Before the passing of the bill, if a person had 10 grams of marijuana in their possession it was considered a class B misdemeanor. The offender could face up to 180 days in jail as well as a hefty $1,500 fine, according to an April 13 Northern Star article.

For NIU, the use or possession of cannabis is strictly not allowed. A person charged having cannabis on them or smoking it will receive sanctions outlined in the NIU Student Code of Conduct for an offense of drugs which ranges from a $125 fine to expulsion or loss of all activity and class registration, according to the NIU code of conduct.

NIU should adapt its policy to better coincide with Dekalb’s policy, so rules do not get lost in translation and everyone knows the same rules. Another key reason why the cannabis policies should mirror each other are for the health benefits it offers — that 28 states find true, but DeKalb overlooks. Cannabis offers many health benefits and many states are adapting to these benefits.

There are at least two active chemicals in marijuana that researchers think have medicinal applications. Those are cannabidiol — which impacts the brain without a high — and tetrahydrocannabinol — which has pain-relieving properties, according to

NIU should stop focusing on a student carrying weed or smoking it with a group a friends and start focusing on actual crime that is going on within its community. It’s time to figure out priorities and focus on more important issues.

Maddie Steen | Columnist

NIU should reconsider its policy on marijuana. Students do not deserve to have a more severe punishment than their surrounding community. If NIU were to reflect the DeKalb County cannabis possession policies, students may not only be more trusting but they may also feel as though true steps toward national acceptance and legalization are being put into place.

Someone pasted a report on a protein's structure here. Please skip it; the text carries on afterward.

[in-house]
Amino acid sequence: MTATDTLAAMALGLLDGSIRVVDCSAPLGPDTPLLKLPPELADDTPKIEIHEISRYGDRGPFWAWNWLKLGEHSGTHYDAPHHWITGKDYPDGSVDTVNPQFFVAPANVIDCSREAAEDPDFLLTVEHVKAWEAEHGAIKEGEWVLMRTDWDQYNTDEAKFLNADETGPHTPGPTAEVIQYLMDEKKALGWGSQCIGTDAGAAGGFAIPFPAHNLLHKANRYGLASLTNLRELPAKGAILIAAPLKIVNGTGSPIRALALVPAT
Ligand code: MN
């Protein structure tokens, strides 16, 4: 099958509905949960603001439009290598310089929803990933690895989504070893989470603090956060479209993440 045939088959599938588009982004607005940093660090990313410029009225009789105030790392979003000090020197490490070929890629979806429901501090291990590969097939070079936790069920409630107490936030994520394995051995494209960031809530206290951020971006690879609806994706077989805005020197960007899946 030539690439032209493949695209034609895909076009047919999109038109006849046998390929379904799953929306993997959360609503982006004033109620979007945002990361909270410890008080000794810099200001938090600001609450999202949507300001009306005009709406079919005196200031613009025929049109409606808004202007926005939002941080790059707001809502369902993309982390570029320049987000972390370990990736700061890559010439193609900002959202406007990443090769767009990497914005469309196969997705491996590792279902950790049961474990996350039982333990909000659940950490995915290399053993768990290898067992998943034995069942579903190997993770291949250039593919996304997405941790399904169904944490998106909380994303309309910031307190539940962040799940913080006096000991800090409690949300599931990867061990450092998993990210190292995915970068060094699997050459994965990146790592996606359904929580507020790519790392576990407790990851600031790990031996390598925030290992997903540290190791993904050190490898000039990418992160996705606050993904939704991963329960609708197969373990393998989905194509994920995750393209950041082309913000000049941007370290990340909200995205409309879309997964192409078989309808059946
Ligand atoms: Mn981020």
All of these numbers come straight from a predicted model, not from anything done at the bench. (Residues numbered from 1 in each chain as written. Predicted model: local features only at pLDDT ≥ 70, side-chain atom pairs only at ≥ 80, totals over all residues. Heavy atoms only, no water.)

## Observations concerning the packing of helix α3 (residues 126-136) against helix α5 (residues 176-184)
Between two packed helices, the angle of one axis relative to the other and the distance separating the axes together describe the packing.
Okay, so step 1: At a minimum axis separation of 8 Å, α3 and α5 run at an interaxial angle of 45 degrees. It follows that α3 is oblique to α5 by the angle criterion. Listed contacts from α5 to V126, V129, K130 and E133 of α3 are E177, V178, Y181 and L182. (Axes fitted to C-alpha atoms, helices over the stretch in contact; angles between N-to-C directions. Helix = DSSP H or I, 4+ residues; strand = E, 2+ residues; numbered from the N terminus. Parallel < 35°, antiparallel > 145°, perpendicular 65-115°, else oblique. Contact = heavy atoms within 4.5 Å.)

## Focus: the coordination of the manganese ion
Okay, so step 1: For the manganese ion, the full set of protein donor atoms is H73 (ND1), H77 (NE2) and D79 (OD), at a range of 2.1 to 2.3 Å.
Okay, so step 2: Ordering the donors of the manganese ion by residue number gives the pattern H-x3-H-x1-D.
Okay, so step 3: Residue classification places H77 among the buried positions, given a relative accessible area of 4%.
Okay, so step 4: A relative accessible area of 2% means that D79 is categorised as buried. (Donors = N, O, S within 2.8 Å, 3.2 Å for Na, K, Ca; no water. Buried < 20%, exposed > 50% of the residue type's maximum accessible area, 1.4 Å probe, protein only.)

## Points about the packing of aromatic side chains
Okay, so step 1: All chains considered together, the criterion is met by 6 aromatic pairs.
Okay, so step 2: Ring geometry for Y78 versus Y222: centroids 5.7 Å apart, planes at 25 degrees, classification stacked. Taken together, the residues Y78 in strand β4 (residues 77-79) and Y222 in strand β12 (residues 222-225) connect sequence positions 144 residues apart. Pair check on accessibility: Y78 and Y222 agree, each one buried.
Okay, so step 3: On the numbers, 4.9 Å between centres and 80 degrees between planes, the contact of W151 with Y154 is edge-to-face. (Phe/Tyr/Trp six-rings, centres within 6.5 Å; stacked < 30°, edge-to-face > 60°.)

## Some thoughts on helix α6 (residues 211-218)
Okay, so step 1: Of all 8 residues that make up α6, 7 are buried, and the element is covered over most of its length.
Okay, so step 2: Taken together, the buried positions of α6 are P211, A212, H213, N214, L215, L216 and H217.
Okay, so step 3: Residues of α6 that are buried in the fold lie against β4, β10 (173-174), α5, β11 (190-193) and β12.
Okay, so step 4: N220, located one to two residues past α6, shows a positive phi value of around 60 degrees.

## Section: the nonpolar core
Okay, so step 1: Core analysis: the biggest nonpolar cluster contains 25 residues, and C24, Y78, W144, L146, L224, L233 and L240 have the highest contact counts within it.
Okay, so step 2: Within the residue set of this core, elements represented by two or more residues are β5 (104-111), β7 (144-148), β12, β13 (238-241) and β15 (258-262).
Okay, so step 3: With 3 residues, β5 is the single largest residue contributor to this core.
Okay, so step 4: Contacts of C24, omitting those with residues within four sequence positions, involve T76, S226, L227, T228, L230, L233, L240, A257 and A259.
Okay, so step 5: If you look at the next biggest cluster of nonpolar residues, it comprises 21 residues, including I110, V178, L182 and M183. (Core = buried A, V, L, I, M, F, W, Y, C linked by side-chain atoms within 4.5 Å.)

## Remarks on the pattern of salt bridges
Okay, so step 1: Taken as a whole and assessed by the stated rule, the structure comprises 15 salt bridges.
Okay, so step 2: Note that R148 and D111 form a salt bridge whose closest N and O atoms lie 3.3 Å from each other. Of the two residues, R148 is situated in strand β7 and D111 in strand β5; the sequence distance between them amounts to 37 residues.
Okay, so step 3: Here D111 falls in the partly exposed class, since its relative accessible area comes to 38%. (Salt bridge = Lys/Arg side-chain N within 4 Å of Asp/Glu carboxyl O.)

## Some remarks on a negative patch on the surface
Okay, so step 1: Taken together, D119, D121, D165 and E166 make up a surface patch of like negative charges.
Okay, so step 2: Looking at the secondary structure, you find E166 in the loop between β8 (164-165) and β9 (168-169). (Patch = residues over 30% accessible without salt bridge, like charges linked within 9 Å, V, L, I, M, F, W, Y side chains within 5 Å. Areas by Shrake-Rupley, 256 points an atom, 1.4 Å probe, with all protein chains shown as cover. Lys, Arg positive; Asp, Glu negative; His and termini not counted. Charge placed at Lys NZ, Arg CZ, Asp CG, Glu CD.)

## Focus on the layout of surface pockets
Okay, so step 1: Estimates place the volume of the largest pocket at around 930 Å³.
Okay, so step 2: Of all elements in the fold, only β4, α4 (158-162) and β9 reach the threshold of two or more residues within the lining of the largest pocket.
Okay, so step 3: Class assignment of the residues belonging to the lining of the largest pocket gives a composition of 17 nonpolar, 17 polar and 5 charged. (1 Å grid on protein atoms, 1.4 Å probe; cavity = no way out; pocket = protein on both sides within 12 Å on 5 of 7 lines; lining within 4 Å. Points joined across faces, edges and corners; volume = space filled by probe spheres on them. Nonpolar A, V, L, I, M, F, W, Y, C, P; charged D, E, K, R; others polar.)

The sanctions listed under the Drug-Free Schools and Communities Act are considerably harsher than the punishments that people receive from DeKalb. The ordinance that DeKalb recently approved states that instead of receiving criminal violations for 2.5 grams or more, it is now considered only a civil violation if 10 grams or less is possessed.

While students do not receive criminal or civil law citations, they do get reprimanded by the university in multiple ways. The more a student is caught, the worse the punishments get on campus. Students will receive a fine, academic probation for one year, parental notification, a substance abuse assessment and a referral to the Student Academic Success office.

DeKalb now only issues civil violations with a $200 fine, according to the DeKalb County Possession of Cannabis and Drug Paraphernalia Act. This does not damage the offenders reputation as much as it previously did, and the violations can be expunged two years after issuance. When it comes to students, absolutely no cannabis can be possessed, not even the old 2.5 minimum DeKalb County once held.

28 states have legalized medical marijauna use and eight states have legalized it for recreational use. This is a national movement in the works. DeKalb has taken a small step in the right direction, but NIU is not budging.

While I totally stand for legalization and NIU working toward matching Illinois and DeKalb laws, NIU must consider the federal laws in place since the university does receive federal financial aid and grants. Because of this, NIU is required to prohibit the use and possession of federally controlled substances.